We know we’re taking a risk serving Riesling at the rehearsal dinner for our daughter Media’s wedding. If we had a dollar for every time someone told us they didn’t like Riesling because it’s sweet, paying for the wedding would be a piece of three-layer cake.
The Riesling we’ve selected to start the dinner isn’t a breathtaking, thrilling wine as some Rieslings can be, a stunner that will cause a hush to descend upon La Colina, the site of the festivities. Instead, we’ve chosen what we think is a real crowd-pleaser, in the best sense of that term. It’s The Daily August 2017 Rheingau Riesling Qualitätswein Dry from August Kesseler. It’s delicious, with bright acidity, flinty minerals, and pitch-perfect rich fruit. Plus, it’s only 11.5% alcohol, with a lightness that will be much appreciated, we hope, in August. We also like the name, a reminder to Media and José that wine – and life, and each other – should be enjoyed and celebrated every day.
And it happens to be a wine with family memories.
Over the years, many people have asked us how to choose wines for weddings. Truth is, it’s often not an option because many venues don’t allow families to pick the wines outside of the venue’s short list or they charge an outrageous corkage fee. In some places, we’ve been told, it’s not even legal to bring in alcohol from outside. But La Colina made an exception for our rehearsal dinner wines since we’re wine geeks and they’re providing all of the other libations.
If you can bring your own, we can at least tell you what we did. We tasted a number of wines – white, red and rosé – with Media and José. We tried to find wines that would generally be enjoyed, but also might be new and different to the guests. We gave an extra point for wines that had some history with our family. Price matters, of course, since people tend to drink heartily at weddings. And that’s why we also paid some attention to alcohol content.
We hadn’t originally considered a Riesling as the white, although, like just about every wine writer in the world, we love it and consider it underappreciated. Then we received The Daily August as a sample. Even before we tried it, we couldn’t stop smiling because this wine is filled with sweet memories. In 2002, when Zoë was 11 and our now bride-to-be was 13, we visited Assmannshausen, Germany. We stayed at the historic Krone Hotel and we’d learned that a block away was an outstanding winemaker named August Kesseler who made stellar Spätburgunder (Pinot Noir). So we walked over and knocked at the door of his winery, unannounced and without mentioning that we were wine writers.
(Photo: August Kesseler)
A man stuck his head out the window and introduced himself as Kesseler. A mixed-race American family visiting off-season must have been quite unexpected, yet he invited us in, offered the girls juice and brought out several bottles of wine. “I have none to sell,” he said, “but I’d like to leave you with a good impression.”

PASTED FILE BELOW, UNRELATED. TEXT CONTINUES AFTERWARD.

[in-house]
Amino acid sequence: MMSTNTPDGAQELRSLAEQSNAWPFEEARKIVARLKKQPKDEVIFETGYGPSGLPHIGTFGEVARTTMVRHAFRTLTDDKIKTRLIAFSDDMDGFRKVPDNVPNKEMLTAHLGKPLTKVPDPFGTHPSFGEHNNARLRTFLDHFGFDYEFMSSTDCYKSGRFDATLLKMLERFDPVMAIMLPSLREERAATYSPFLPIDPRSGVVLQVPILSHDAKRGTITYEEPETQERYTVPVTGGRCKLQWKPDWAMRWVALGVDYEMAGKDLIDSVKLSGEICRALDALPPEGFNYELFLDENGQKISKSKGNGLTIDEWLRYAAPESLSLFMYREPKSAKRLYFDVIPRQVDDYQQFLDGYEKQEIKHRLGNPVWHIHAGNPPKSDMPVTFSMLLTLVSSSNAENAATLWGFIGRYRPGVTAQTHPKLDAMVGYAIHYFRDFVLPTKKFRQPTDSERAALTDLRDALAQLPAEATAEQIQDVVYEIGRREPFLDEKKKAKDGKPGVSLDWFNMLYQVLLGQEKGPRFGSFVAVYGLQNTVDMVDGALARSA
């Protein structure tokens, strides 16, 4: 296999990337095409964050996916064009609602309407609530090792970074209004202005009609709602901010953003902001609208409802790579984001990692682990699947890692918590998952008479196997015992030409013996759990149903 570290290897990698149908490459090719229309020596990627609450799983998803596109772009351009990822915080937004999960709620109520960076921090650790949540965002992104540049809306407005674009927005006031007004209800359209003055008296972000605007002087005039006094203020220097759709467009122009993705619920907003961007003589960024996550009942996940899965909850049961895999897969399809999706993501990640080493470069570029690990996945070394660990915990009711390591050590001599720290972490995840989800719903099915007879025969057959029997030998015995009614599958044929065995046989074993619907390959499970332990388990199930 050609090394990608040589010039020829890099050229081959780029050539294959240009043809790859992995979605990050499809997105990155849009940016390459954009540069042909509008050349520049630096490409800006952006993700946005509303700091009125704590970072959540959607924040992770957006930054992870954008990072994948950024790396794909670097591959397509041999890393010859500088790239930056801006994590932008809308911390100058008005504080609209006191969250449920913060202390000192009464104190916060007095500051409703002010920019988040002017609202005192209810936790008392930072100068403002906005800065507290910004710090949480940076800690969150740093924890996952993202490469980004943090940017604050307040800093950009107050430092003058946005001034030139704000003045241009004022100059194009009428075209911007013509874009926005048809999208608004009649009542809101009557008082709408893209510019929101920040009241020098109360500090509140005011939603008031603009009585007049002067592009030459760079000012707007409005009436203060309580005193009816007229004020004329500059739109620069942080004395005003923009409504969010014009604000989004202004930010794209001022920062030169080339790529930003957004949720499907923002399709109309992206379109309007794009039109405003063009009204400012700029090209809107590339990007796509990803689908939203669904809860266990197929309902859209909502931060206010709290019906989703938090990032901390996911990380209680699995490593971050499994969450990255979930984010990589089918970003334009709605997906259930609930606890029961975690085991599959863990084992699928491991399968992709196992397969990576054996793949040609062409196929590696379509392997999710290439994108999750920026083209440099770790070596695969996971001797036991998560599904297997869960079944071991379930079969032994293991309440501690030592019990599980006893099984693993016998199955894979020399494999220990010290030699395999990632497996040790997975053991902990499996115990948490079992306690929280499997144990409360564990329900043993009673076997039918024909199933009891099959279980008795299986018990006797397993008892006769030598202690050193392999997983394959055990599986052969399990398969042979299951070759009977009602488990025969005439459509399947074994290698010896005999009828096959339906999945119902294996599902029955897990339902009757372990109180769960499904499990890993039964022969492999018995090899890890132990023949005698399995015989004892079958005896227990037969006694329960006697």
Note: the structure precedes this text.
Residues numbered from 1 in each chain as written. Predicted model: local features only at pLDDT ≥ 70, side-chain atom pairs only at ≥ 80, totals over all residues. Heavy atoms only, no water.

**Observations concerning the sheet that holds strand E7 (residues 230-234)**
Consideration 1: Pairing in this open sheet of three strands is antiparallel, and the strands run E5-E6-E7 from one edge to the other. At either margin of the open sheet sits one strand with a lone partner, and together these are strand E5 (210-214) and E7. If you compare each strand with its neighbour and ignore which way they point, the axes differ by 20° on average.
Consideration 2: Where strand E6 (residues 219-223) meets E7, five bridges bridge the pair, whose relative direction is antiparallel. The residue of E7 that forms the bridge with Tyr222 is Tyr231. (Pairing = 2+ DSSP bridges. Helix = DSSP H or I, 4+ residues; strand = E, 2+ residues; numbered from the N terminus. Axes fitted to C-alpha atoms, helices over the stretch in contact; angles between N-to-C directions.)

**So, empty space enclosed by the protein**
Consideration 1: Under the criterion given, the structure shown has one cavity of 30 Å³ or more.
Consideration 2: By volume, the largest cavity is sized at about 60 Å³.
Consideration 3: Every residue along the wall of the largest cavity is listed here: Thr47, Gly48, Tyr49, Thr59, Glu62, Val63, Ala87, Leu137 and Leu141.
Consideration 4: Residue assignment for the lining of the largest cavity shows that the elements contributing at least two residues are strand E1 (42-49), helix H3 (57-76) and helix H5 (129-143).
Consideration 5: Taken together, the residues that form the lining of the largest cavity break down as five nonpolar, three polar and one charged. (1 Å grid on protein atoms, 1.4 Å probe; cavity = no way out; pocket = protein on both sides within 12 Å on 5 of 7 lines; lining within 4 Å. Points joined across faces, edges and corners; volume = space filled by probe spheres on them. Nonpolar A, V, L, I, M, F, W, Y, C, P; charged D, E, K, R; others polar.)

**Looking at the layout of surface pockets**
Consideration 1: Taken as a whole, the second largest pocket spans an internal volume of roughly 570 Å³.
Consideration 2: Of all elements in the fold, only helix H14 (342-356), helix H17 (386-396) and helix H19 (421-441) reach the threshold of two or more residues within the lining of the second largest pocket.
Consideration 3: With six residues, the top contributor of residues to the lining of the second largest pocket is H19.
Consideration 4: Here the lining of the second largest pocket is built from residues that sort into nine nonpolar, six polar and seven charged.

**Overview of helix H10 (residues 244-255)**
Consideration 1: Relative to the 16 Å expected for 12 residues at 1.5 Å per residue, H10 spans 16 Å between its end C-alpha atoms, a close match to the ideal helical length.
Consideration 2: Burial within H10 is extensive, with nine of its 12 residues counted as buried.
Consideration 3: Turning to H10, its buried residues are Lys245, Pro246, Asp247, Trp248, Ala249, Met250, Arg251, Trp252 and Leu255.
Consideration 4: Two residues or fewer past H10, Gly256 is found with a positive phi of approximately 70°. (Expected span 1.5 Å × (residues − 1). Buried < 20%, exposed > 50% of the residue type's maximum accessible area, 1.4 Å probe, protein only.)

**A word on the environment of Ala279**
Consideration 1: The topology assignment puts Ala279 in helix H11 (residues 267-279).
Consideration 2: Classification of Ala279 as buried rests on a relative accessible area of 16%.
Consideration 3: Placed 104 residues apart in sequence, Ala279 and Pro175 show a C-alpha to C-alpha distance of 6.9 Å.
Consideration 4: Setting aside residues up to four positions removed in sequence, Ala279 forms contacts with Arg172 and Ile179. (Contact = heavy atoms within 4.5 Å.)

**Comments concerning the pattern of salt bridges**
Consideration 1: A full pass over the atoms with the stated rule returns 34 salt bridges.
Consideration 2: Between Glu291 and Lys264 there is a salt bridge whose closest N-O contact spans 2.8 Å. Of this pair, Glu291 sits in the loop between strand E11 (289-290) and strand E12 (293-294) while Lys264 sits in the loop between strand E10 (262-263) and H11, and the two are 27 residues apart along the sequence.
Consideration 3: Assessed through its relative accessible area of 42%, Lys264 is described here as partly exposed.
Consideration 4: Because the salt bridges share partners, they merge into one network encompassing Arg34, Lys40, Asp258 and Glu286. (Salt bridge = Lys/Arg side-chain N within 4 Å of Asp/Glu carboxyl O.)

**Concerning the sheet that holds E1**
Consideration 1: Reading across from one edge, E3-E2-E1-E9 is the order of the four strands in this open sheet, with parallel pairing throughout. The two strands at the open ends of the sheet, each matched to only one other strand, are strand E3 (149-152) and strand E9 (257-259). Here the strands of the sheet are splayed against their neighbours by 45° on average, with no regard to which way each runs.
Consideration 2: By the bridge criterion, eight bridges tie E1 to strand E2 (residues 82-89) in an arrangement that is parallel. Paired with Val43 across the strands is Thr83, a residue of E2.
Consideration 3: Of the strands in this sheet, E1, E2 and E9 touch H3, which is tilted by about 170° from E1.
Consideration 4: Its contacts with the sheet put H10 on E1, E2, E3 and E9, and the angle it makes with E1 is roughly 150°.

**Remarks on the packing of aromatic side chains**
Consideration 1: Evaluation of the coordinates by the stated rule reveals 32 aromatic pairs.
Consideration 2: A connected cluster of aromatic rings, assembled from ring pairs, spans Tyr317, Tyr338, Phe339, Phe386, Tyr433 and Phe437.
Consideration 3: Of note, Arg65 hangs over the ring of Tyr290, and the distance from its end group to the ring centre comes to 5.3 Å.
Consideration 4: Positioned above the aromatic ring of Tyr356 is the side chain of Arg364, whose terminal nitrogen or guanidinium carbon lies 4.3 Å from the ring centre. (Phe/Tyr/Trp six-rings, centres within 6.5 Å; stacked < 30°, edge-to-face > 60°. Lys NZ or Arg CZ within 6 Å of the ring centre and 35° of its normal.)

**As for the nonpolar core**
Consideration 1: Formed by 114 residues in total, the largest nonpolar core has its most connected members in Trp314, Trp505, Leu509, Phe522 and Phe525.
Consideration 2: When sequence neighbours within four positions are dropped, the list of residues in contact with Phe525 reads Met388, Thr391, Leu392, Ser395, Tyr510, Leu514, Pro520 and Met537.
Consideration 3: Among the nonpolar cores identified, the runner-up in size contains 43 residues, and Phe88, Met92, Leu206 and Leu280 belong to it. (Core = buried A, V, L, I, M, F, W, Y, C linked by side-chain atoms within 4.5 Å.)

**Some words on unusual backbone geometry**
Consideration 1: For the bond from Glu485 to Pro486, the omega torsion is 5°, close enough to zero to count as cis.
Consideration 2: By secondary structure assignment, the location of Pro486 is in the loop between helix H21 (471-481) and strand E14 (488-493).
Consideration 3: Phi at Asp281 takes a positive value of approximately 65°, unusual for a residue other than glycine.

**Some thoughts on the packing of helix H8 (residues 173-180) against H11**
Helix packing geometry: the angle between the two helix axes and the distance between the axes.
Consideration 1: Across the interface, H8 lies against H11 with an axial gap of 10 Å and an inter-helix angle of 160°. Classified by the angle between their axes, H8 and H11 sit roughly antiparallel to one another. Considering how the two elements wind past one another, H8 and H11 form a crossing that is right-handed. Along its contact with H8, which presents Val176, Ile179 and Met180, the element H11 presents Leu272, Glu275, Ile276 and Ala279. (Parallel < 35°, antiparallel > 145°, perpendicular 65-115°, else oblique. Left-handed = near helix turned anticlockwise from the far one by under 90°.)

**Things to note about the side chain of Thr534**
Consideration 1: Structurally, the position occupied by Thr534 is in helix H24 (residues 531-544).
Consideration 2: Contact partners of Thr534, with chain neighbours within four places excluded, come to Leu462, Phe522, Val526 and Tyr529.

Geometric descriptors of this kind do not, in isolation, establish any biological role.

Did he ever. Among the wines he poured was a 1999 Spätlese trocken Spätburgunder that rocked our world.
So when we tasted The Daily August, we were thrilled that it was so delicious. It took us a couple of days to work up the courage to tell each other that it might be a good wedding wine. But we were both already thinking it.
We wrote about August Kesseler after our visit in 2002, but we had not been in contact with him since then. We decided now was the time. We mentioned our visit and attached a current photo of our family.
“I remember,” Kesseler wrote back. “And by the way, this wine [the 1999] was one of the very best which we ever had – fine, elegant, distinguished and perfectly balanced.”
We had written in The Wall Street Journal that the 1999 “was a remarkable wine that, we’ll bet, will be quite famous someday.” It did become quite famous, as did the 2001 and 2002, winning for Kesseler and the region international note. When we visited, Kesseler exported only a small amount of wine to four states in the U.S. The year we wrote about him, he launched a quest to get his wines broader distribution in the U.S.
“In 2002 I took my bottles out and traveled all over the country, sampled my wines all day long and did a lot of wine dinners and advertisement for my brand. In 2006 I was distributed in 23 states,” he wrote us. And in 2008, after his initial importer retired, he entered a relationship with Vineyard Brands, which sent us the bottle of the Riesling we liked so much that we purchased more than a case for Media’s rehearsal dinner ($19.89 a bottle).
The Daily August wines – Riesling, Pinot Noir and Rosé -- are the winery’s Gutswein, its basic estate wines, made from younger vines. They grow in choice locations, but not his Premier Cru (or Erste Lage) and Grand Cru (or Grosse Lage) vineyards, although some fruit from those sites has been added to the Daily’s blends.